A: At a minimum your Android project should include the Java libraries provided by FTC. These libraries will provide Java classes that you can use to interface with the USB modules.

    Q: How do I install an app?
    A: In addition to installing the Android SDK in your IDE you also need the Android Development Tools (ADT) which include utilities specific to managing and interfacing with connected devices, the most important of which is Android Debug Bridge (ADB). ADB usually runs in the background and manages installing packages on those devices, either physical hardware or software emulators, but it is also a command line utility that has options for viewing and interacting with devices.

    Q: What is the workflow in a nutshell?
    A: Once you have a Java IDE configured with the Android SDK and ADT then you write your application code, then compile into an app, then install the app either on a physical device connected via USB, or on a software emulator for testing and debugging.

    Q: How do I debug an app?
    A: When installing an app via the IDE you can invoke the debugger tool by running the app in debug mode or by setting breakpoints in the code. You can also attach the debugger manually via ADB to an already running app. More info here:

    Q: Do I always need to be connected with a USB cable?
    A: No, it is possible to connect to a device wirelessly from ADB. More info here (scroll to bottom)

    Q: What if I don't have a wi-fi network?
    A: You can try setting up a wireless hosted network on your dev machine assuming it already has an onboard wi-fi adapter (which most newer machines do)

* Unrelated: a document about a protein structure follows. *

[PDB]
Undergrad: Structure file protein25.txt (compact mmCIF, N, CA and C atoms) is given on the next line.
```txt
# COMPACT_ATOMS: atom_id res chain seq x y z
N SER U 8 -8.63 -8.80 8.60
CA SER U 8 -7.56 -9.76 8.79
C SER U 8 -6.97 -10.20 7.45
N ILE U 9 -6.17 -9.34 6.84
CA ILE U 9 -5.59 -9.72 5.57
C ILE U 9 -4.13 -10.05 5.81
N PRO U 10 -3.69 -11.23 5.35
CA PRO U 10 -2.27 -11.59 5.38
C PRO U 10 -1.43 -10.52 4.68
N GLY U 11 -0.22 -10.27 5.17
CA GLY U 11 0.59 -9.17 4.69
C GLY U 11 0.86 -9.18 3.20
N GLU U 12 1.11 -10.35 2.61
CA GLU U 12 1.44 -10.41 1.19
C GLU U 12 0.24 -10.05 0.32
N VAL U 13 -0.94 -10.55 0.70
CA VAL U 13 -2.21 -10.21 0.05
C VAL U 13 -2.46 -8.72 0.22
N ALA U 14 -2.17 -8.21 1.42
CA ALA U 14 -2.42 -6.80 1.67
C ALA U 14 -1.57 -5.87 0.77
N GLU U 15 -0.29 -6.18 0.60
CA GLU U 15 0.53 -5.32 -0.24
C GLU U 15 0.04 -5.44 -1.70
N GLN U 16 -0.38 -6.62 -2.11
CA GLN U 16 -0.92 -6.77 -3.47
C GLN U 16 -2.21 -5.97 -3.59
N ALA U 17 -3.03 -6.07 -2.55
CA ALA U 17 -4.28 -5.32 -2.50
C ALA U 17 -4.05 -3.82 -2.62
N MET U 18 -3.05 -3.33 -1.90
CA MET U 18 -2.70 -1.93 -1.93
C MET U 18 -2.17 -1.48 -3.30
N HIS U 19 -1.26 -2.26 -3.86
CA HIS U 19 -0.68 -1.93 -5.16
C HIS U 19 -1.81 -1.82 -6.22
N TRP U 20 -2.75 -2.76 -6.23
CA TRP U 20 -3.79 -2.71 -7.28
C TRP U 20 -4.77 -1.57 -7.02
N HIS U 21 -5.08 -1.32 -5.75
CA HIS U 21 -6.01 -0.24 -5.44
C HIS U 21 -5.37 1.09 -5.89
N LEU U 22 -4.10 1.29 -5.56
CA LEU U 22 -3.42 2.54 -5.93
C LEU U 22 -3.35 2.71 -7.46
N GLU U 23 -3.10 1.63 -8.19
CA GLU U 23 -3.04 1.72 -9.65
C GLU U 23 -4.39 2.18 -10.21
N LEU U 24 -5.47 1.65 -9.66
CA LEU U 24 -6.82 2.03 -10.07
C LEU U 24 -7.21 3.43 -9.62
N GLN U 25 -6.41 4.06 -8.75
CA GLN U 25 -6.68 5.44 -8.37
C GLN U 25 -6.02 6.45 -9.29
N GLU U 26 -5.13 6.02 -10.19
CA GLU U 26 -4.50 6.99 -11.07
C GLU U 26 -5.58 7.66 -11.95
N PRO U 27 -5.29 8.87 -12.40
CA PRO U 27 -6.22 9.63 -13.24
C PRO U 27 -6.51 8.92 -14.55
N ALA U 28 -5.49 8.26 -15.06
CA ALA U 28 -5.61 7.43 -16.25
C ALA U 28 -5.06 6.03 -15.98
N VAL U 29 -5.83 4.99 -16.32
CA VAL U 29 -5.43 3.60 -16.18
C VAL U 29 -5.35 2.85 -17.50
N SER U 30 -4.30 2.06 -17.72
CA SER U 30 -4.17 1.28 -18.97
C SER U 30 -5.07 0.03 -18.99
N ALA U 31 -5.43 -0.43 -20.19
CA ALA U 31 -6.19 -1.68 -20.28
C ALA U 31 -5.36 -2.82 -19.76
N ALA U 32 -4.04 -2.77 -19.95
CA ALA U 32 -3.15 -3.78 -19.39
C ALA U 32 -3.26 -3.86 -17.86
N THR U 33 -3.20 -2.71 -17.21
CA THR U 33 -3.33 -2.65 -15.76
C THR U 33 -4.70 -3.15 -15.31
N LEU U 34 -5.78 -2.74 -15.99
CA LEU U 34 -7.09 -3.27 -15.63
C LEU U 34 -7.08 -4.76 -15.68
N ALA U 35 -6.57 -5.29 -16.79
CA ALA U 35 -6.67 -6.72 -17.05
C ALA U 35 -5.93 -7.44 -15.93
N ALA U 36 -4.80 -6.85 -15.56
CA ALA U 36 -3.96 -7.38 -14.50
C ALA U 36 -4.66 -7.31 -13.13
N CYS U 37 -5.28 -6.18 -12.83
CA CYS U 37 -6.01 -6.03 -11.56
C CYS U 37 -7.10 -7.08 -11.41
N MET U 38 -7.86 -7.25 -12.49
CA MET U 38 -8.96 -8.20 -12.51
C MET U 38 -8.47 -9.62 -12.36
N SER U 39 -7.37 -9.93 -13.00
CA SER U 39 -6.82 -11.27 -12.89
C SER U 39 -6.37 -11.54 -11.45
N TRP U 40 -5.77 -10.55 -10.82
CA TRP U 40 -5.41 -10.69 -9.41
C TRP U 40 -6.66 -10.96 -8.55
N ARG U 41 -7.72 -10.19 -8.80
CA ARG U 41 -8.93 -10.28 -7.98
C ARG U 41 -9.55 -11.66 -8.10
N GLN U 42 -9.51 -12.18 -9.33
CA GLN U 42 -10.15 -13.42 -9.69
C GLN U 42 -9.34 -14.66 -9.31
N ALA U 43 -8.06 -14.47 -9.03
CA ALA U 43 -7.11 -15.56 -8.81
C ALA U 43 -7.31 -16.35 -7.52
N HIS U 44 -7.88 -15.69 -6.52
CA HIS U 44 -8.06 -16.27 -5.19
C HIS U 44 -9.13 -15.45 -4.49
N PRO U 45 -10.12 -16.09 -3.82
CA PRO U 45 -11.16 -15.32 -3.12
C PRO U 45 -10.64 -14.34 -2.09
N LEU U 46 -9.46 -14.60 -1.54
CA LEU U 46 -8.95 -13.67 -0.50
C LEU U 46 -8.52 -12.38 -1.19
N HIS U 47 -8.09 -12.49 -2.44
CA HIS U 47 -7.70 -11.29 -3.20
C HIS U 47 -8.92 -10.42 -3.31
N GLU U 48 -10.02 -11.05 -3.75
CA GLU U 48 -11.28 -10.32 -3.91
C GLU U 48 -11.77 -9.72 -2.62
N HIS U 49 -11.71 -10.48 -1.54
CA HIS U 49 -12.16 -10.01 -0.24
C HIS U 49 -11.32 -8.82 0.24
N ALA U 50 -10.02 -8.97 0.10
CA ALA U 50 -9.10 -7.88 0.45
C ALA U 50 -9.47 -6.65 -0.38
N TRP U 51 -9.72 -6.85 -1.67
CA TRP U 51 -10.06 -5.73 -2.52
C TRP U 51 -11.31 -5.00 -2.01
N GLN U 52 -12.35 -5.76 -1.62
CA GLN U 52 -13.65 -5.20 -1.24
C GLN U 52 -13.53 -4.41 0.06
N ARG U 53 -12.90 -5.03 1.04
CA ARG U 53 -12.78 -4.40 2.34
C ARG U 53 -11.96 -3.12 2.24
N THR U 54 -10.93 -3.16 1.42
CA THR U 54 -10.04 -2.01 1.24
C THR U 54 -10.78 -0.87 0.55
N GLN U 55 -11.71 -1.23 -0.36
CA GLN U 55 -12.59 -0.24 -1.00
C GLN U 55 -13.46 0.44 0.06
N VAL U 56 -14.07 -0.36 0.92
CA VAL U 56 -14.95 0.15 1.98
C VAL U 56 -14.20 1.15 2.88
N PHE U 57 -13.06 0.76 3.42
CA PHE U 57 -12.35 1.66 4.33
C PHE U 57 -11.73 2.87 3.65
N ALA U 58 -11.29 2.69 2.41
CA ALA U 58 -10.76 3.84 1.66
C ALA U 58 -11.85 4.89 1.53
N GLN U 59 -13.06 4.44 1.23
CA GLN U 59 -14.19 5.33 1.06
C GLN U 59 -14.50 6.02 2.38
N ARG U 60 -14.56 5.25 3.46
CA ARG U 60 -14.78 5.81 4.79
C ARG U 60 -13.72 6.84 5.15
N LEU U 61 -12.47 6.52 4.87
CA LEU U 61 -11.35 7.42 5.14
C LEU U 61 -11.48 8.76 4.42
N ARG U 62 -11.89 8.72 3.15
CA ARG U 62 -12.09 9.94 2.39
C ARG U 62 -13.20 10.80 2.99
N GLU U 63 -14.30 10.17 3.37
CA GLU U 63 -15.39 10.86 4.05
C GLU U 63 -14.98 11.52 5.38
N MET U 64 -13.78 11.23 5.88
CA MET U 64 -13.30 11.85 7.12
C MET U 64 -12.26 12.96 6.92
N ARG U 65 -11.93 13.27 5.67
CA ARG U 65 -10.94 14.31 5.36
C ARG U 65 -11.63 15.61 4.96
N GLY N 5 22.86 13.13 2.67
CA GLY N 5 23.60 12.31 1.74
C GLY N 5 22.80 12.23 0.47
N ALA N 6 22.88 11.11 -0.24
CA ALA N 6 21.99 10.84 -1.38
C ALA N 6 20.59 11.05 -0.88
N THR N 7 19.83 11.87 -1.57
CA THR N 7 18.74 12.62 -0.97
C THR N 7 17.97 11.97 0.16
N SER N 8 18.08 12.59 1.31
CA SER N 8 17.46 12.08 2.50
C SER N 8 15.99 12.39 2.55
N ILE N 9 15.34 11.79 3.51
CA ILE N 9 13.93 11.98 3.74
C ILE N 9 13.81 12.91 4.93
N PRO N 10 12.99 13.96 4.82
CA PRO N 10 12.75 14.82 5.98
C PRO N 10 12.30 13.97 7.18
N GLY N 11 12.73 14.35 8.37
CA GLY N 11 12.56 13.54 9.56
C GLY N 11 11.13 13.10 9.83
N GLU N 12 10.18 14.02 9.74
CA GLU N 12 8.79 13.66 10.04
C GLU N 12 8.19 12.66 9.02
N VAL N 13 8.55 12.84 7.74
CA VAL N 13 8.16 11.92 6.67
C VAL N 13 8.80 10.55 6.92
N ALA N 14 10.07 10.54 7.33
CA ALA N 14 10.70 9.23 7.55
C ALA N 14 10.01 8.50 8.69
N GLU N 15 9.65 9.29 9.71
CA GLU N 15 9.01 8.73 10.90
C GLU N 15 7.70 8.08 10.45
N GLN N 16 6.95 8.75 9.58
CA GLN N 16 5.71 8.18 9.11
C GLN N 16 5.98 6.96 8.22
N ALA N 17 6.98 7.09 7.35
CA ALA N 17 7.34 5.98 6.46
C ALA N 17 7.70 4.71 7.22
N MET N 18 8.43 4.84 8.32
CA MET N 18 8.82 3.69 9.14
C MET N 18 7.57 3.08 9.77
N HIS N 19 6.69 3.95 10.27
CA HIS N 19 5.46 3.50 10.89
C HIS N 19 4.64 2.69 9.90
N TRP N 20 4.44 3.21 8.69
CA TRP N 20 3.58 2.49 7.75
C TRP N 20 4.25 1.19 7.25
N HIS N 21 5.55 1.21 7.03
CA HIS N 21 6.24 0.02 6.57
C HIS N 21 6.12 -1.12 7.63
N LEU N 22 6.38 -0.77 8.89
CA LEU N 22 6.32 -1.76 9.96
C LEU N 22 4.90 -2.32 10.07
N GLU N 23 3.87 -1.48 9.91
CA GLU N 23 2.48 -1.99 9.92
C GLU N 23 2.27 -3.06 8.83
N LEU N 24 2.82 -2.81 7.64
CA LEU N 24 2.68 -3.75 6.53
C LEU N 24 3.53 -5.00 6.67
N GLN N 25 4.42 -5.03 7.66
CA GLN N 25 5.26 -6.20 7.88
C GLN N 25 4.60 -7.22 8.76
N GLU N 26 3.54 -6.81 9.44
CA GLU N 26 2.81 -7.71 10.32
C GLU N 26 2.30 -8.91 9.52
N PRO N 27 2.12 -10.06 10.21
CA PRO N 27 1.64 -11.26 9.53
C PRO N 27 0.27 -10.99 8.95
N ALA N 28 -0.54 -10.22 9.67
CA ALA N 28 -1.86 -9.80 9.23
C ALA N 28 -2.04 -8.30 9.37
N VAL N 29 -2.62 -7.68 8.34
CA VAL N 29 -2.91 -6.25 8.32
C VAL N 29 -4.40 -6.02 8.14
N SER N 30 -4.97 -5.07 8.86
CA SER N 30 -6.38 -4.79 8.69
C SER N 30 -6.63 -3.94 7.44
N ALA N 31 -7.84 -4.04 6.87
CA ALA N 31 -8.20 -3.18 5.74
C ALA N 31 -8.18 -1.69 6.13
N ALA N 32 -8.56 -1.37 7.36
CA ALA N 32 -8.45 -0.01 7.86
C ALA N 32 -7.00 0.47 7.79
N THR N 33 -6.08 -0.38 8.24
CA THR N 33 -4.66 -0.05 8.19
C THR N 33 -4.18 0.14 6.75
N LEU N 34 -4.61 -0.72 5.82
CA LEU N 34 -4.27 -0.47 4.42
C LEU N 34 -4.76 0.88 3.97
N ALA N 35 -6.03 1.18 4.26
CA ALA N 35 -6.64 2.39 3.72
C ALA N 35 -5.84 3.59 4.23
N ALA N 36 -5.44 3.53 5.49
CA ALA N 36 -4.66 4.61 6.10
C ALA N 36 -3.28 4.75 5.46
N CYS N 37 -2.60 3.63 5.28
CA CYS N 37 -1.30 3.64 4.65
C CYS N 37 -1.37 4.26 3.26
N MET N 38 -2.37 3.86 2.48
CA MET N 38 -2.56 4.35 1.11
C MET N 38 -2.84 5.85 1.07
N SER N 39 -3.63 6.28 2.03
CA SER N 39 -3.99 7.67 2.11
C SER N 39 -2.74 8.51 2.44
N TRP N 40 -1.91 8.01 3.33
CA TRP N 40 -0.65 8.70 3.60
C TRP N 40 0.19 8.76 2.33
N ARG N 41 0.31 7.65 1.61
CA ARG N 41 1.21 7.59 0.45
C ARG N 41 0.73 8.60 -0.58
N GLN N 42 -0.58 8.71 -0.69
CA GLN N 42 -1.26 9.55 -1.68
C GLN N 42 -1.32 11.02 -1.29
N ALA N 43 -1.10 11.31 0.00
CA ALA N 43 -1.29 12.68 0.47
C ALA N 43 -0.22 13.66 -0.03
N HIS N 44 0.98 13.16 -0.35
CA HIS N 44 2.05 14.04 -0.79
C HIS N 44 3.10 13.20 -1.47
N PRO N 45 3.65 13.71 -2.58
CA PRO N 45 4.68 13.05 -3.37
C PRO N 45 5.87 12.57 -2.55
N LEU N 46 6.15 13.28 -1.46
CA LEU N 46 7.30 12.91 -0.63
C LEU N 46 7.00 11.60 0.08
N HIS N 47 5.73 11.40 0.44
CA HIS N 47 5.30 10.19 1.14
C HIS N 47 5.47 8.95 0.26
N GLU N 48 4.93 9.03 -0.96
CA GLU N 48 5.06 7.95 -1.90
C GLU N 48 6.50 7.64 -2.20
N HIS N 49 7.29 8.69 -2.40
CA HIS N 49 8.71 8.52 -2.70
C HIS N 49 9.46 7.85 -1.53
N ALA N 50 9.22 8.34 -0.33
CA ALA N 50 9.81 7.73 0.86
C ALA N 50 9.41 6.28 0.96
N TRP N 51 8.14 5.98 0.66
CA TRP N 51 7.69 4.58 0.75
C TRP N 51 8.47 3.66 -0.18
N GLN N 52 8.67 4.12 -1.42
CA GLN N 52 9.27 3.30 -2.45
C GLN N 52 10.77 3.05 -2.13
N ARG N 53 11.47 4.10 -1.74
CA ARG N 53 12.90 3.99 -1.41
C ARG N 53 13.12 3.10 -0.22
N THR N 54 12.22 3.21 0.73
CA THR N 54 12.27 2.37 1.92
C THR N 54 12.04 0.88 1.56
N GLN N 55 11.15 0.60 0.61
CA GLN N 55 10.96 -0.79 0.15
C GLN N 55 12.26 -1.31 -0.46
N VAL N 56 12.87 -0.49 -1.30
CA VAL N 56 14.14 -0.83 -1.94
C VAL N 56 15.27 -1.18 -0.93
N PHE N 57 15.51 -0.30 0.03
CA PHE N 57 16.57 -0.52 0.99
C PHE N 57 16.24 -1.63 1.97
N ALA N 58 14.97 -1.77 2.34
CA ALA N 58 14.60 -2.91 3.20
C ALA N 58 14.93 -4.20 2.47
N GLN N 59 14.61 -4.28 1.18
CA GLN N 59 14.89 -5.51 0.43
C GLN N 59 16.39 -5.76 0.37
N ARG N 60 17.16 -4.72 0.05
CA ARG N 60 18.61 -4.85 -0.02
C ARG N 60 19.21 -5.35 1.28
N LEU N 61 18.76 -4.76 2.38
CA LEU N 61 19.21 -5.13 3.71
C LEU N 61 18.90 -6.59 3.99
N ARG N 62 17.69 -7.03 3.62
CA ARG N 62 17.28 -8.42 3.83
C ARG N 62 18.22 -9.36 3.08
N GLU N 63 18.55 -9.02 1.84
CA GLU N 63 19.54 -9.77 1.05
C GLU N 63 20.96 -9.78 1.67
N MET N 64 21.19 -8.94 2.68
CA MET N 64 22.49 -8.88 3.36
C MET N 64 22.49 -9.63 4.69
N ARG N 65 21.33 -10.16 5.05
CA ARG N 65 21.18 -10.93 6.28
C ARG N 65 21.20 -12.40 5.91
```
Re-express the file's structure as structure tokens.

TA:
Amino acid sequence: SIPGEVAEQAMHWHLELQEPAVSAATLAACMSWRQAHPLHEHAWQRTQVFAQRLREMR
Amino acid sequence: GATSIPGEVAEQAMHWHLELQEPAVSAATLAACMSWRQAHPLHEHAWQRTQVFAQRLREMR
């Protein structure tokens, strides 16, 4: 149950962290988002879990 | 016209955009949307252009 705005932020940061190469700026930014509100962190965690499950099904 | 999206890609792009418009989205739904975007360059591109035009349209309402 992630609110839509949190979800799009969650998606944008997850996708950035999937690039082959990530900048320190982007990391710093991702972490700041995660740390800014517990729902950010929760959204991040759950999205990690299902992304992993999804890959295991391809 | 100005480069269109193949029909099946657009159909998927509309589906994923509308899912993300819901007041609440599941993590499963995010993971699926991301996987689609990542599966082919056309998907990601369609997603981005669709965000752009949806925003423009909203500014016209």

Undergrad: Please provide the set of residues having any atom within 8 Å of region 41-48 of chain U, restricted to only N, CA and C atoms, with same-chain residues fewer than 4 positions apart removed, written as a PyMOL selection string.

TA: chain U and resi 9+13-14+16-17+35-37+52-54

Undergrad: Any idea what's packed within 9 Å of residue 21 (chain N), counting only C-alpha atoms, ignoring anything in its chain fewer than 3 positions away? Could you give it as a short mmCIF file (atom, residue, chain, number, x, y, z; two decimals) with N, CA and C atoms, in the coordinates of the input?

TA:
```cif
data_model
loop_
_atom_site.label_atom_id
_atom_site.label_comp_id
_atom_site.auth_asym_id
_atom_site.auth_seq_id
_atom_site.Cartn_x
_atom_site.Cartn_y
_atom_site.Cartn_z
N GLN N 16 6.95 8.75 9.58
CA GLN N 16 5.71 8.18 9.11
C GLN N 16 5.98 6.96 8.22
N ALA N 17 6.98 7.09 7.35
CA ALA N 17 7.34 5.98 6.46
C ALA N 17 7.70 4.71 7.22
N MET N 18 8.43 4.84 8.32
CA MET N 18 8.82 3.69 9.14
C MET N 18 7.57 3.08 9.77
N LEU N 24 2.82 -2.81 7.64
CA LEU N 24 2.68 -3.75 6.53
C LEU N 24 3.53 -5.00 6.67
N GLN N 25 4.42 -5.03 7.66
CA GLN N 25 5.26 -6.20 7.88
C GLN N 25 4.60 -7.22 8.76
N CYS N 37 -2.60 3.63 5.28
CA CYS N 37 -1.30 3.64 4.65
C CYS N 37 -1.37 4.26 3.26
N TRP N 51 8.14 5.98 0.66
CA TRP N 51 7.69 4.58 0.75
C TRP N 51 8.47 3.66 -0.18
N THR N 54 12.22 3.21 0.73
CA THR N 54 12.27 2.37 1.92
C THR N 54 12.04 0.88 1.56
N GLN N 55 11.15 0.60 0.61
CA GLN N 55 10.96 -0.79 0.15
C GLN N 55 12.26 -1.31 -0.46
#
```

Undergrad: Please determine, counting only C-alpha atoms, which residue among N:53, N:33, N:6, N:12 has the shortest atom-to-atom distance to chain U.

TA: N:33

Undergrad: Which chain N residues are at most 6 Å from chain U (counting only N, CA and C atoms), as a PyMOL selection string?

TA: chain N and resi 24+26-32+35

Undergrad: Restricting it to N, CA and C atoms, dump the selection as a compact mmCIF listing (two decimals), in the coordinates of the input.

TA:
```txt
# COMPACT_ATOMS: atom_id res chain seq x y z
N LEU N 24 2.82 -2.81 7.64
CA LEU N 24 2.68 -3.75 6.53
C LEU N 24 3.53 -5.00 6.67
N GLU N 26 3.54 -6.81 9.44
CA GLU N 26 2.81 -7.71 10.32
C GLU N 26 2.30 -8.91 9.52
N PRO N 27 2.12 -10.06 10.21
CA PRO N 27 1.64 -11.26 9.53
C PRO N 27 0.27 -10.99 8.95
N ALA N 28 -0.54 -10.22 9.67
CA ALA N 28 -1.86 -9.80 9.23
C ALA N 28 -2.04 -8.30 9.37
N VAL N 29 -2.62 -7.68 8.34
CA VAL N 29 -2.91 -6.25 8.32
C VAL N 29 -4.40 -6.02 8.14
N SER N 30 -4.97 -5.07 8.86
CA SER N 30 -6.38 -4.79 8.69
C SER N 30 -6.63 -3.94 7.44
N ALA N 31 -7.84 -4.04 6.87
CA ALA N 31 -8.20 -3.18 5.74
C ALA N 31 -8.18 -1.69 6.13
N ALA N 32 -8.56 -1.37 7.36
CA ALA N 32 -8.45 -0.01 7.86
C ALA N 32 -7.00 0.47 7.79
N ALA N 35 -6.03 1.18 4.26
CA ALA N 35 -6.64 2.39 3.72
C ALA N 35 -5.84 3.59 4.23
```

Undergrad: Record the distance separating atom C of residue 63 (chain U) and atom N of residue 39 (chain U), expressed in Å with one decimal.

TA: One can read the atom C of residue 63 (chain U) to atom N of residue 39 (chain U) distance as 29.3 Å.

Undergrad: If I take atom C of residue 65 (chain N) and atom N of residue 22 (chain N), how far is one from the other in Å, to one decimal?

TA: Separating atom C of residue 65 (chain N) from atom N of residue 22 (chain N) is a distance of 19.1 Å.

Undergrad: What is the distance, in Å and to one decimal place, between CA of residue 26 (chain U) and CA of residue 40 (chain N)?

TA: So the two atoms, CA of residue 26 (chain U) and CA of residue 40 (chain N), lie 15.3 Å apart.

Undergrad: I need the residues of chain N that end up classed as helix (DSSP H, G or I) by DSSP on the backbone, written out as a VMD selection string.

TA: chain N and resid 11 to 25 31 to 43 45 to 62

Q: What is the difference between "wirelss ADB" and "Wi-Fi Direct"?
    A: Wireless ADB is a feature found only in the Android SDK that allows you to connect to Android devices wirelessly from your IDE for the purpose of installing and debugging Android apps without the need to connect the device with a USB cable first. Wi-Fi Direct is a feature available on many other devices besides Android and is a widely adopted peer-to-peer communication protocol.

    Q: Do I need a special app on my Android device to connect to ADB wirelessly?

    A: No. The connection is established from the ADB command line on your dev machine. Once the wireless connection is established you can use the device just as you would if it was connected via USB.

    Q: Do I always have to connect the device to the IDE to run my app?
    A: No, once your app is installed you can run it any time just as you would any other Android app.

    Q: Do I need to connect both of my Android devices to the IDE at the same time?
    A: No, there is no need to have both driver and robot side devices connected to the IDE at the same time, only the device you currently wish to install and/or debug an app on. The driver side device communicates to the robot side device via Wi-Fi Direct which is completely independent of whichever device is connected to your IDE.

    Q: Will FTC provide a template?
    A: Yes, FTC will provide both pre-compiled apps and Android project templates.

  • #2
    Nice way to put things in perspective. I was thinking of writing my thoughts over the past months,
    this is waaay better.



    • #3
      Originally posted by ChiefCT View Post
      Nice way to put things in perspective. I was thinking of writing my thoughts over the past months,
      this is waaay better.

      Thank you!